Porto has a surprisingly intense nightlife that may be a bit confusing to visitors, especially after you’ve had one too many Super Bocks. Here’s the low down on where to find the best late-night parties in town and what to expect when you go out in Porto.
Where to go
Generally speaking, people might start Happy Hour at a local snack bar in Ribeira or Clérigos, where you can get cheap drinks and something to fill your stomach. It’s not uncommon to see these places brimming with people after quitting time every day, especially on the weekend. Popular places like Espaco 77, where you can get 50 cent beers, and Casa Guedes, which is better known for its pork sandwiches than its beer, might be hopelessly packed if you come at the wrong time.
But the locals of Porto aren’t about getting wasted quickly and petering out early. Instead, they’ll go to places where they can refuel on snacks and drink coffee to keep their energy up, even as late as midnight. Restaurants that usually close at 10 or 11 pm on a weekday may have extended hours as late as 1 am on weekends so you can have a full meal before even starting your night.
You’ll find a huge concentration of bars and night clubs in the area near Clérigos Tower, known as Galerias for short. They’re a series of streets that are nightlife end to end, the main ones being Galeria de Paris and Rua de Candido dos Reis. The streets look like Mardi Gras on your average Saturday night until 5 and 6 am when people stream out from all the clubs after last call. Here you’ll find dance clubs as well as more laid back dive bars. Many people grab a drink and just walk around enjoying it on the streets, where you can hear music coming from all the places around.
If a place doesn’t look good right away, take a lap and come back. You might arrive somewhere at 12 am or 1 am and think that it’s dead because the night is winding down, but it may actually be too early. Some places open at midnight and don’t close until 6 am, making 2-3 am prime time for going out (I know, kill me). Despite being way past a normal adult bedtime, when you’re jamming to indie rock at Era uma vez em Paris (Once upon a time in Paris), you may not even notice how late it is.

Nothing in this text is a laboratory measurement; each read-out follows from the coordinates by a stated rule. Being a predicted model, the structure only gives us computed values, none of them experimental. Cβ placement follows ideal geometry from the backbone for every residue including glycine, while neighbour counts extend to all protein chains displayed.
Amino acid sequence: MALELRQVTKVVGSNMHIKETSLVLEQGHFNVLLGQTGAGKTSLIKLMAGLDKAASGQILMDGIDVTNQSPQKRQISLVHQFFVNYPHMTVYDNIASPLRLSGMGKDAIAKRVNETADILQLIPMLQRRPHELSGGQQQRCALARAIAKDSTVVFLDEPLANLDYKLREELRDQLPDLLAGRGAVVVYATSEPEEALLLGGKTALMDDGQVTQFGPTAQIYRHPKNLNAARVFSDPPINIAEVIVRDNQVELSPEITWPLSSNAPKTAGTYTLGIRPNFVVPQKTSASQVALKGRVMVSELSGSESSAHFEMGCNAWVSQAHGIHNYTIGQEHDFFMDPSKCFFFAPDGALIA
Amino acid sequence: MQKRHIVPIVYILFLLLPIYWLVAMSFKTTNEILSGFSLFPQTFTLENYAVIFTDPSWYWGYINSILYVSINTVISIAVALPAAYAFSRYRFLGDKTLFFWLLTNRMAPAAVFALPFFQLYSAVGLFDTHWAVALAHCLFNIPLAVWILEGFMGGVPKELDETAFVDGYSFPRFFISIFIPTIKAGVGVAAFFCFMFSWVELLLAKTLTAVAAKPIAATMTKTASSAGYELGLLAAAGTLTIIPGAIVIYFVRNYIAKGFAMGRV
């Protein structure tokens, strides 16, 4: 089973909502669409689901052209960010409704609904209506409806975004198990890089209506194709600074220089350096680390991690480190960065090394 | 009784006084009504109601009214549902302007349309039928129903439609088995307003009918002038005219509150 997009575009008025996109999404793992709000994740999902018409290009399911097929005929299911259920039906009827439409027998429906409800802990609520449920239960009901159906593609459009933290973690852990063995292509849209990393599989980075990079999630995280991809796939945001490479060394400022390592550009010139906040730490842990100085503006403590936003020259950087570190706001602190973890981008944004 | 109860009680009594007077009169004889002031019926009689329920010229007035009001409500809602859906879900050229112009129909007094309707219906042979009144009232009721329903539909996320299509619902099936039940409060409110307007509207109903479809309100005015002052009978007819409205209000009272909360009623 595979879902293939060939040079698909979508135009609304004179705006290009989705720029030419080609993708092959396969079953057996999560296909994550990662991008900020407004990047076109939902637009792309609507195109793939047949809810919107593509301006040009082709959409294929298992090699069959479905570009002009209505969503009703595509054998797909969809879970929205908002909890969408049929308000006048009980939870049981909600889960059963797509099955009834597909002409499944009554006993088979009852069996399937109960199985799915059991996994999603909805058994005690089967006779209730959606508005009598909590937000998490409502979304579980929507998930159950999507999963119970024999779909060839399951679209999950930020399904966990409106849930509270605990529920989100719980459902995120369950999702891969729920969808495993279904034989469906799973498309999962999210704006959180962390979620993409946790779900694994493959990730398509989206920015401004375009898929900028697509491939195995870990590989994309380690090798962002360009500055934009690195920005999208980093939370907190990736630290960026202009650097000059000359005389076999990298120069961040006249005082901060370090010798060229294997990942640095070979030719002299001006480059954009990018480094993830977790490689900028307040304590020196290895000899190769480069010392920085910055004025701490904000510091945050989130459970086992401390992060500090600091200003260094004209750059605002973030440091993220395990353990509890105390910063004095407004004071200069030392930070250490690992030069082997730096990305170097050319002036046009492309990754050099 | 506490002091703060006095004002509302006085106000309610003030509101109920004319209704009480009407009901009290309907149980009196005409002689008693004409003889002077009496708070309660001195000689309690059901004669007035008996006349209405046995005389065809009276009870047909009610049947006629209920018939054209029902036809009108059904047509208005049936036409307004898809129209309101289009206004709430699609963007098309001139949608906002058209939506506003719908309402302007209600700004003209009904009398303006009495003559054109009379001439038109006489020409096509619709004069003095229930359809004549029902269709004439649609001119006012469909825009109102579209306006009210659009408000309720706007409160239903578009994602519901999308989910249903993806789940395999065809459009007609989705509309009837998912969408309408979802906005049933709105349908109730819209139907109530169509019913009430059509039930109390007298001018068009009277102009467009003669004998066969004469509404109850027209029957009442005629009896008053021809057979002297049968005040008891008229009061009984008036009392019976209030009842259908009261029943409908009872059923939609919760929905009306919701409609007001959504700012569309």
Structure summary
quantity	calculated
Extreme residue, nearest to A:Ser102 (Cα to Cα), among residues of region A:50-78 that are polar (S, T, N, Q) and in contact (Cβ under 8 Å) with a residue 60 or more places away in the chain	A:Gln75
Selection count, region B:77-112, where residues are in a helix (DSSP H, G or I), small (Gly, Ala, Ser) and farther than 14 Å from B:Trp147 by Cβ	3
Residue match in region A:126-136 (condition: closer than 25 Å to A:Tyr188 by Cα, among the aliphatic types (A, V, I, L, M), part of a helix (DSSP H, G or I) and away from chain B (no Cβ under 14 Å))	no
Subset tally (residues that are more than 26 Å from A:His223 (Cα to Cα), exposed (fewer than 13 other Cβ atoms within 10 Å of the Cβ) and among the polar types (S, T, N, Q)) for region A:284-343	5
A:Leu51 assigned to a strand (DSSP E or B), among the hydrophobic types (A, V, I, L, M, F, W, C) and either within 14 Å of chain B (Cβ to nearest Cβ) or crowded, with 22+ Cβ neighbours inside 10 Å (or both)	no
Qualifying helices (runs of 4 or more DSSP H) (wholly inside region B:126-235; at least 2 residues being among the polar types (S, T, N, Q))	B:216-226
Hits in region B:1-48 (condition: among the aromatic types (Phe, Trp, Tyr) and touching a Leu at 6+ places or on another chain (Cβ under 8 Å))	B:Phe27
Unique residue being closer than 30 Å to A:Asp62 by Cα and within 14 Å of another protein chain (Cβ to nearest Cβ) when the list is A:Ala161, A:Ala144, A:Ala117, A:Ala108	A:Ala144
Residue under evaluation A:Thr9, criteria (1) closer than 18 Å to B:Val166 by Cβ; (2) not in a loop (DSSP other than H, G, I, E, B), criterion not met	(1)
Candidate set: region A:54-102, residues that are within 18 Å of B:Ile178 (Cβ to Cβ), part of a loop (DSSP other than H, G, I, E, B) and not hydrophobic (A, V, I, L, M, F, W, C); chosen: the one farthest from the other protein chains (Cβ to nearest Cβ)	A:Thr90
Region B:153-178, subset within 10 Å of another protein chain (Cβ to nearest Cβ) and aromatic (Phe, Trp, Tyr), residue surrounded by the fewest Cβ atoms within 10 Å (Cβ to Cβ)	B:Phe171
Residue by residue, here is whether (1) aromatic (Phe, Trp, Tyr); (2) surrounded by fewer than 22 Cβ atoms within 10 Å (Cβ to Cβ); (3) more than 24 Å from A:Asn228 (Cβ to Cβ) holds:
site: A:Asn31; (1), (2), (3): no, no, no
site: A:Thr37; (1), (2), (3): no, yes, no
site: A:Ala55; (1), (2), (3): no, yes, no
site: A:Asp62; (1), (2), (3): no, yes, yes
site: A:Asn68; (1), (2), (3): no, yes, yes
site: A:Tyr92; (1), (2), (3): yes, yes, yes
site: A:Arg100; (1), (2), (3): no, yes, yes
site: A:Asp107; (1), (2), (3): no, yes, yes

If you’re looking for something that’s less of a shitshow, you can head to chill bars like Maus Habitos, which despite looking like a cafeteria, is a great place to chat and have a glass (or a bottle) of wine. Base is another cool hangout spot right beneath Clerigos Tower featuring an outdoor bar and plenty of turf to enjoy a drunken picnic day or night. If you want to do the tourist thing and enjoy the view of the river, skip the overpriced waterfront spots and go to Guindalense, which is a chill dive with a terrace that overlooks the Dom Luis Bridge.
What’s up with the entrance cards?
You’ll notice as you arrive at many of the clubs in the Galerias area that the bouncer in the front will hand you a card with a lot of blank slots on it. This card will be how you track your consumption. So anytime you order something at the bar, the bartender marks it on your card and you only pay for everything once you’re ready to settle up and head out. I’m not sure why this system isn’t in place in more nightclubs because it really streamlines the going out process.
The clubs sometimes have a small cover or a minimum spending limit that acts as a cover if you don’t drink enough, both of which are incorporated into your tab and are paid the same way you pay for drinks. In some places you pay the bartender and then just give your paid card to the bouncer on the way out. Some clubs, like Tendinha, have a cashier by the door that you can pay directly on your way out. As you can imagine, when it’s last call, the line to exit can be a real bitch. But honesty if you’re at a club at 6 am trying to close out your tab, you obviously don’t have anywhere to be for the next several hours.
Other Porto nightlife tips and things to know
Smoking is allowed inside everywhere. So it’s likely that if you’re in the basement of any club in Galerias dancing until past your bedtime, you’ll have to burn all your clothes when you get home because they’ll reek like hell.
Despite the rowdy look of the streets until late, people don’t generally get sloppy or end up throwing up or passing out. So don’t be that guy or girl. There’s a reason why the locals eat a lot when they’re going out. And the reason is to not embarrass themselves on the street at 7 am.
Get the GPS-guided version of this and other Porto guides on GPSmyCity here.